The Tweedles are back and ready to take another exuberant swing at going modern. When their neighbors the Hamms announce that they’ve “gone online” by buying a telephone, Mama excitedly follows suit. But will the lure of the telephone be too much of a distraction for this sweetly old-fashioned family?
Fresh from their adventure with their new electric car, Mama decides that the family needs a telephone to keep up with the changing times, and daughter Frances could not be more thrilled. But not all the Tweedles are convinced. Son Francis only has eyes for the family’s car, and Papa worries about the family’s privacy.
Once the phone is installed in the family’s home, they can hardly believe the noise it makes! But Frances takes a shine to the telephone immediately, and her enthusiasm for the new device threatens to keep the whole family up at night. Eventually Mama and Francis warm up to the telephone, too, and soon they can’t sit still long enough to play a family game of Crokinole. Will the Tweedles ever be able to go offline again?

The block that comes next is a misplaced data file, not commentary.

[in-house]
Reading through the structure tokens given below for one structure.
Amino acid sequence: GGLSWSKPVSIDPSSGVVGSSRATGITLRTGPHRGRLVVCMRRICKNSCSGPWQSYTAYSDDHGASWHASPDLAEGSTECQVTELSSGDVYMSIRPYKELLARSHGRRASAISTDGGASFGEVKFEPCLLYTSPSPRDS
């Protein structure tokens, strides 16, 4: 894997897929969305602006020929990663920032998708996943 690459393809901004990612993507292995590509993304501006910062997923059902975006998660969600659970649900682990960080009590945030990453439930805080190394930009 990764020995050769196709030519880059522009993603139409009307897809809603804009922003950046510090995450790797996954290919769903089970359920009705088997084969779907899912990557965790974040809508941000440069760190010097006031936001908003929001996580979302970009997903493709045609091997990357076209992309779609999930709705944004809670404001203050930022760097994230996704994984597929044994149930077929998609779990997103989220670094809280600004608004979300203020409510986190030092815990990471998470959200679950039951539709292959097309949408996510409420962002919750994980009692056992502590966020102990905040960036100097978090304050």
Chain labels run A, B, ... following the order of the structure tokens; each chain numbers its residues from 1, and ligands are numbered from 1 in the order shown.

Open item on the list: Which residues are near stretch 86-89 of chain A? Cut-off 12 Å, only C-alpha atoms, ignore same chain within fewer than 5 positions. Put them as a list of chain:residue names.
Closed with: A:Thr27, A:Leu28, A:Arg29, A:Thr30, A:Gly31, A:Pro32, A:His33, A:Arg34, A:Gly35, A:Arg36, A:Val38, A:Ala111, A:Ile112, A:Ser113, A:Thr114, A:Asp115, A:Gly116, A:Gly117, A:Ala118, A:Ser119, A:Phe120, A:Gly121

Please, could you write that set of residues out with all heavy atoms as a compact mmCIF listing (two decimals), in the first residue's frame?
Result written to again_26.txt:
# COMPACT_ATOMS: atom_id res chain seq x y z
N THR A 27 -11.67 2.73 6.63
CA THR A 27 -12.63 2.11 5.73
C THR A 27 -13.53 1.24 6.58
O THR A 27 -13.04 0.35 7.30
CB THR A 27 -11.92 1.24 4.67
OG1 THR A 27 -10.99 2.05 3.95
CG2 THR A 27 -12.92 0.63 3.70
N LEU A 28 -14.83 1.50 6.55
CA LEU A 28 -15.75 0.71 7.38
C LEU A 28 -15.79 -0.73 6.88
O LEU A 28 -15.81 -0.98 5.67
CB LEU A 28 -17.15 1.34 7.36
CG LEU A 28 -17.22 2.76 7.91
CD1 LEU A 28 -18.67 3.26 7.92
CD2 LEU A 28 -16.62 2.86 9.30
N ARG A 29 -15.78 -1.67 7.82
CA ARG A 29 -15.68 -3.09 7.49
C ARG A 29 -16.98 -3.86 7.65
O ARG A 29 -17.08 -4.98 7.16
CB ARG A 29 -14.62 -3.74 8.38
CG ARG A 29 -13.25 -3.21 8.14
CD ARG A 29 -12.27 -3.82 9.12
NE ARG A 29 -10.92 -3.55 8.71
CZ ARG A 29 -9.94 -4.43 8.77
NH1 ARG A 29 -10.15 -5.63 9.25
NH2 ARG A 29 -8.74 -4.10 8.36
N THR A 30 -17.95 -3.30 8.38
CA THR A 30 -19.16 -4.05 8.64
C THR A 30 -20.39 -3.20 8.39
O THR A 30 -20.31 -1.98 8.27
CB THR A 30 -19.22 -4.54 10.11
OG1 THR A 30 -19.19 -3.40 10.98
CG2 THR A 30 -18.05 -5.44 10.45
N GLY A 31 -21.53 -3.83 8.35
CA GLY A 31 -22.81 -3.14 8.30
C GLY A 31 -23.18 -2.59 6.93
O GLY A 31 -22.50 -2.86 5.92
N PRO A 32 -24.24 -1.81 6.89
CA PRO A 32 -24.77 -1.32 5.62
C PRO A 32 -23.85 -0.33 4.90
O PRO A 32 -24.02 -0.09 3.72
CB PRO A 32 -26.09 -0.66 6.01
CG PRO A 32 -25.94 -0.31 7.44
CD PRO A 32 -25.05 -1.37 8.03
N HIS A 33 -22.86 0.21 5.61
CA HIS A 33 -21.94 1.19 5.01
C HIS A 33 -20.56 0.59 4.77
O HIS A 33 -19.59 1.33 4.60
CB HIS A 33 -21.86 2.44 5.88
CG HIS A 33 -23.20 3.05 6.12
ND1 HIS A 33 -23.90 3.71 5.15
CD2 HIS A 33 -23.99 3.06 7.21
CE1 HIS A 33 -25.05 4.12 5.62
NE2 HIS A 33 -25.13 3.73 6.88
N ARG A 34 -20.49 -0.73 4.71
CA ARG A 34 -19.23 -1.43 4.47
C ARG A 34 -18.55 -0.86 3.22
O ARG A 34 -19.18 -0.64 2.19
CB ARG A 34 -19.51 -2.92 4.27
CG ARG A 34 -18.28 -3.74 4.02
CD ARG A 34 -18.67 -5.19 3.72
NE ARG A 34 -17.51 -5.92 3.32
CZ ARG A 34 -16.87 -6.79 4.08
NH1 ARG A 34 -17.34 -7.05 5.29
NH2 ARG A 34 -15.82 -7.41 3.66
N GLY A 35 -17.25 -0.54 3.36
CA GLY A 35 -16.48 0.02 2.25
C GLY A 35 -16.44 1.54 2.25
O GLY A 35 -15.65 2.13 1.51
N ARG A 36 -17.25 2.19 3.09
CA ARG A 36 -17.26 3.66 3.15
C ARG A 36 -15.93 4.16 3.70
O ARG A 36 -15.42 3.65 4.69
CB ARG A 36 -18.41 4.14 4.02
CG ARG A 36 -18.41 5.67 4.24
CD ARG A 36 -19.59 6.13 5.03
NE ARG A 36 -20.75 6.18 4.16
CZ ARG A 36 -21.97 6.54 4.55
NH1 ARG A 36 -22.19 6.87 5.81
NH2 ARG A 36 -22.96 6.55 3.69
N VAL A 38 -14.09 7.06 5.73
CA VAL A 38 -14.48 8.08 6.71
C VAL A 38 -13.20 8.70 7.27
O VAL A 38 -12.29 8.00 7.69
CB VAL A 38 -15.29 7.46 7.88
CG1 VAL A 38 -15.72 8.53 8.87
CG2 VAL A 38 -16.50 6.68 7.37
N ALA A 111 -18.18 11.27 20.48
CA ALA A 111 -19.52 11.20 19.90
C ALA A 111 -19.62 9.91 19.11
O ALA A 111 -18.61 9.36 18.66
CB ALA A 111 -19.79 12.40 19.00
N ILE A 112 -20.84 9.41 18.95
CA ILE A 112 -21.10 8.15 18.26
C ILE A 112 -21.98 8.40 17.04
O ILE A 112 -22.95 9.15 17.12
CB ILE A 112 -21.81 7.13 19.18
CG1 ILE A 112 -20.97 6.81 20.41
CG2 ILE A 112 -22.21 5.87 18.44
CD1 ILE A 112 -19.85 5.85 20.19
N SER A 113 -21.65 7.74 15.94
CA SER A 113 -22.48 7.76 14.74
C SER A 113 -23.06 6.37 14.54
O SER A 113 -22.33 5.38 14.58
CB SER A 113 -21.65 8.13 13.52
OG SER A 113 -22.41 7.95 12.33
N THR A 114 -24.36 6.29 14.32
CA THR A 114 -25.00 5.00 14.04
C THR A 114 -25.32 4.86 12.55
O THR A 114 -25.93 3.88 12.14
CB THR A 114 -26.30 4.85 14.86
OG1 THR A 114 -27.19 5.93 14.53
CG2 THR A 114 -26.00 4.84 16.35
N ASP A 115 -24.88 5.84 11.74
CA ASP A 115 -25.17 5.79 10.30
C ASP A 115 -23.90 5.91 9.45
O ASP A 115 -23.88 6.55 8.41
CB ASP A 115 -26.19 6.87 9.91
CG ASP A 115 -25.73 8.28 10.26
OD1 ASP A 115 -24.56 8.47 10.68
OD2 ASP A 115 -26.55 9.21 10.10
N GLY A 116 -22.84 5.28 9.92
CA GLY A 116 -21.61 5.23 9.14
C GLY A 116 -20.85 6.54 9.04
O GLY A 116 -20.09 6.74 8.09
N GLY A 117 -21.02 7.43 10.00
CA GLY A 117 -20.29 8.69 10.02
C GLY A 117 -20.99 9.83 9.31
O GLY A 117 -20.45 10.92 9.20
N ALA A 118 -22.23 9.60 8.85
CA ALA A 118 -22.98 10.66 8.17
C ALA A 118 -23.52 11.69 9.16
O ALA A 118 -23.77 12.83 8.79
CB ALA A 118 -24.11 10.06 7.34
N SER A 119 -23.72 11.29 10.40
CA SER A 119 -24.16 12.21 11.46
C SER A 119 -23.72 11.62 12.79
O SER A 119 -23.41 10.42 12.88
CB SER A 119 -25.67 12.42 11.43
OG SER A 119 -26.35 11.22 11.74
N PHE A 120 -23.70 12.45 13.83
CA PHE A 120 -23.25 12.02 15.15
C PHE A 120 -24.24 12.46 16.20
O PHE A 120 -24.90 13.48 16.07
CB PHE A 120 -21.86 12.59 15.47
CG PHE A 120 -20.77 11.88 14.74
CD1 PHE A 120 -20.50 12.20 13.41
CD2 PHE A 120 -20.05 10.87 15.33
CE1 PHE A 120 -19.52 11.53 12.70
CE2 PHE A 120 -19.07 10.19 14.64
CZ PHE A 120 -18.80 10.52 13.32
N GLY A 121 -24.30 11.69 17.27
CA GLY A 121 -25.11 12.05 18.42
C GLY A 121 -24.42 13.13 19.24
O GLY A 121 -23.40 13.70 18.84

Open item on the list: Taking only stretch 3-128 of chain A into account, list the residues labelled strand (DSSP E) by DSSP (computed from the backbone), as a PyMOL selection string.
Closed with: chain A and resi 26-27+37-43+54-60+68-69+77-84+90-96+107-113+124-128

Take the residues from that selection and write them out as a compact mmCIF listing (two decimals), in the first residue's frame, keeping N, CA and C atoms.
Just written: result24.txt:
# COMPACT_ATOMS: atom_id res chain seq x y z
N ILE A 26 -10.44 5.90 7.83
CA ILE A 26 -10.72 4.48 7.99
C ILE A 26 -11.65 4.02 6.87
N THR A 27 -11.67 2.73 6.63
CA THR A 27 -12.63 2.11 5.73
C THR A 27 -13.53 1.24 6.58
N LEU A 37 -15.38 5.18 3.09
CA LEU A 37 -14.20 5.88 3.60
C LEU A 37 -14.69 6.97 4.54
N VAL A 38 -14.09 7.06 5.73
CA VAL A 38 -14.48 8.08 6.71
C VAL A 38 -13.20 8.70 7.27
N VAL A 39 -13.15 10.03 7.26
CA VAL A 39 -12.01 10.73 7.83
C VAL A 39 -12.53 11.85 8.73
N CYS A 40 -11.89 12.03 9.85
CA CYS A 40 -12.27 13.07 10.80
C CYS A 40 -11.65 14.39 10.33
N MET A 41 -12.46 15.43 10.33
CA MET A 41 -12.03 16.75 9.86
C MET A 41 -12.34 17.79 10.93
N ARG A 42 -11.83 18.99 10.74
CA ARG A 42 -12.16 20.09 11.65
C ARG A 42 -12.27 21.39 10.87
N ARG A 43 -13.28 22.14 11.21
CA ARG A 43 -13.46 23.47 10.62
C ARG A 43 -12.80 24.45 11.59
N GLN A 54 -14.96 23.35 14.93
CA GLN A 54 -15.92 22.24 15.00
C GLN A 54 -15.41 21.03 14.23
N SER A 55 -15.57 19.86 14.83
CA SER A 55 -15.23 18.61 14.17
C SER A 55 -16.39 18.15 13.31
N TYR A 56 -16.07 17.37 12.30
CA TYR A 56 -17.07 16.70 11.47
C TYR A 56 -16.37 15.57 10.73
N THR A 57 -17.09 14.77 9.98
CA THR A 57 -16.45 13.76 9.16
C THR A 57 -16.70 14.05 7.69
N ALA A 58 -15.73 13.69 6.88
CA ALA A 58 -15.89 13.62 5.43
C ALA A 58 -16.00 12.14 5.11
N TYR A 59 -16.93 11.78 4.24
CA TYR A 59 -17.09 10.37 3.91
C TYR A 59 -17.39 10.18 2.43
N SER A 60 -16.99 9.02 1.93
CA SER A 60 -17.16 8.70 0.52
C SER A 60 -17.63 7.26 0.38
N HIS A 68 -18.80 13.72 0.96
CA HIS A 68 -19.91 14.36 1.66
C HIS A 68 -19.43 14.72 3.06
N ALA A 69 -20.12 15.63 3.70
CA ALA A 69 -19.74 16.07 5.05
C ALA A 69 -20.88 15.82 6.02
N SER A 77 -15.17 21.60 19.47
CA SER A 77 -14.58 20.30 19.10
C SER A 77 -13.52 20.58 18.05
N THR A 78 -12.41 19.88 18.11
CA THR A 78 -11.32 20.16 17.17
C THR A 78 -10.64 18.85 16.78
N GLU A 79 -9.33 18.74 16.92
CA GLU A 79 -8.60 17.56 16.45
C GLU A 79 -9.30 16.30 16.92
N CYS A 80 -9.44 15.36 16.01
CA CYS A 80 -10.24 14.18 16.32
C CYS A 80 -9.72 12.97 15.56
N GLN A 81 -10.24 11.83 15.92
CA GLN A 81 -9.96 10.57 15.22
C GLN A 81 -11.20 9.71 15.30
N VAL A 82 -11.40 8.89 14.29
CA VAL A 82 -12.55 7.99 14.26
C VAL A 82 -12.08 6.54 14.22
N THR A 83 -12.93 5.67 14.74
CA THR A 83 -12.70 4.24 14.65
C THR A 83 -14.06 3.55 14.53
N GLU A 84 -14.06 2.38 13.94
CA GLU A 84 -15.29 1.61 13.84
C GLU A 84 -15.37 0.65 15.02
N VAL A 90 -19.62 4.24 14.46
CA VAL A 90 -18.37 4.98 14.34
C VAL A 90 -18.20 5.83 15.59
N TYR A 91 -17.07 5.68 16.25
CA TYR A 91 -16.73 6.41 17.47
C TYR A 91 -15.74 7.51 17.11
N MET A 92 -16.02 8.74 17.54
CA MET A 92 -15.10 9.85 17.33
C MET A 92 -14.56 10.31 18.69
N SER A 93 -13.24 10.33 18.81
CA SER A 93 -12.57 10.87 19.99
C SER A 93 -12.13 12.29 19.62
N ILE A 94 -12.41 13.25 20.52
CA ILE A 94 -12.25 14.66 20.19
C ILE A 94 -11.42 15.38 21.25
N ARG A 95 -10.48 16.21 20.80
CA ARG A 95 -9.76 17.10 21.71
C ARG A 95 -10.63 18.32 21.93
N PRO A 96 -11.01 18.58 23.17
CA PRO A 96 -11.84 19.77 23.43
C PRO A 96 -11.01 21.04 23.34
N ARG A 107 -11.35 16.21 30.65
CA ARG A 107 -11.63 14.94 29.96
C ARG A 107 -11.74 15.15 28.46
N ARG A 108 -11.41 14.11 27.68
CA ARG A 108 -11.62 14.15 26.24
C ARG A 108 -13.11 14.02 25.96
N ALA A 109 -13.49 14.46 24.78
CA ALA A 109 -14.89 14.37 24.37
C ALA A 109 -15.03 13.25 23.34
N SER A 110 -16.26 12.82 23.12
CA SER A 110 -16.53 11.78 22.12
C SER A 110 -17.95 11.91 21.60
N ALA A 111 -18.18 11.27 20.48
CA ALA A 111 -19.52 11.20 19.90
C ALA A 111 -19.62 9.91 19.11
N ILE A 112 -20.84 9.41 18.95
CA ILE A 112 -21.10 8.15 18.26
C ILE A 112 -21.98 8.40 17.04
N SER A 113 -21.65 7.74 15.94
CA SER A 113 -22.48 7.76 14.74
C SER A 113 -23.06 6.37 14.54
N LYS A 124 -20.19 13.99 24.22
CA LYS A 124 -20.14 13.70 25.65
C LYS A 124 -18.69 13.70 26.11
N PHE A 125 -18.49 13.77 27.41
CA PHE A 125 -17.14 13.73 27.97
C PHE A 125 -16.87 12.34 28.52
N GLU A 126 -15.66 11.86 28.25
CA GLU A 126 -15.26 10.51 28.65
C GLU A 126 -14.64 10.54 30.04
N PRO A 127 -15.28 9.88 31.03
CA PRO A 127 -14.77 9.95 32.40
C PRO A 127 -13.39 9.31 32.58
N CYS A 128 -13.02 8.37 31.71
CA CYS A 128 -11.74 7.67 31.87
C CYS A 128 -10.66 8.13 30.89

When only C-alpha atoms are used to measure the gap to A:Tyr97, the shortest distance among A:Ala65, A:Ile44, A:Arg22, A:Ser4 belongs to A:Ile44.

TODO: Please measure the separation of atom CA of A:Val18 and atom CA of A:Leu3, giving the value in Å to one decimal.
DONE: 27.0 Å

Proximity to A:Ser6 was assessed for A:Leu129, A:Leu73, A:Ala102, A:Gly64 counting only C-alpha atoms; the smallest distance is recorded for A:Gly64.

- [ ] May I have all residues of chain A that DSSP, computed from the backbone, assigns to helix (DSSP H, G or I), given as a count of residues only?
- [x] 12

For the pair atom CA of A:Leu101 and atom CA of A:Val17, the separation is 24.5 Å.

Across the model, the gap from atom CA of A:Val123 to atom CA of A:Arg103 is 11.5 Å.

This clever companion to The Tweedles Go Electric gently pokes fun at our modern addiction to technology, while further endearing readers to the sweetly odd Tweedles family.
Monica Kulling is the author of over fifty books for children, including Dr. Jo: How Sara Josephine Baker Saved the Lives of America’s Children, illustrated by Julianna Swaney, and On Our Way to Oyster Bay: Mother Jones and Her March for Children’s Rights, illustrated by Felicita Sala. She has also written the popular Great Idea series, and her work has been nominated for many awards, including numerous Silver Birch Express and Golden Oak awards. Monica Kulling lives in Toronto.Marie Lafrance has illustrated for magazines, newspapers, billboards and boxes of jelly powder, but now she prefers to use her warm and engaging artwork to bring picture books to life. Marie lives in Montreal, Quebec, with her husband, her daughter plus a dog and a cat.
Lafrance's neatly drawn scenes of figures sporting antique dress and hairstyles add further drollery to the thoroughly topical plotline. Readers will laugh at the juxtaposition.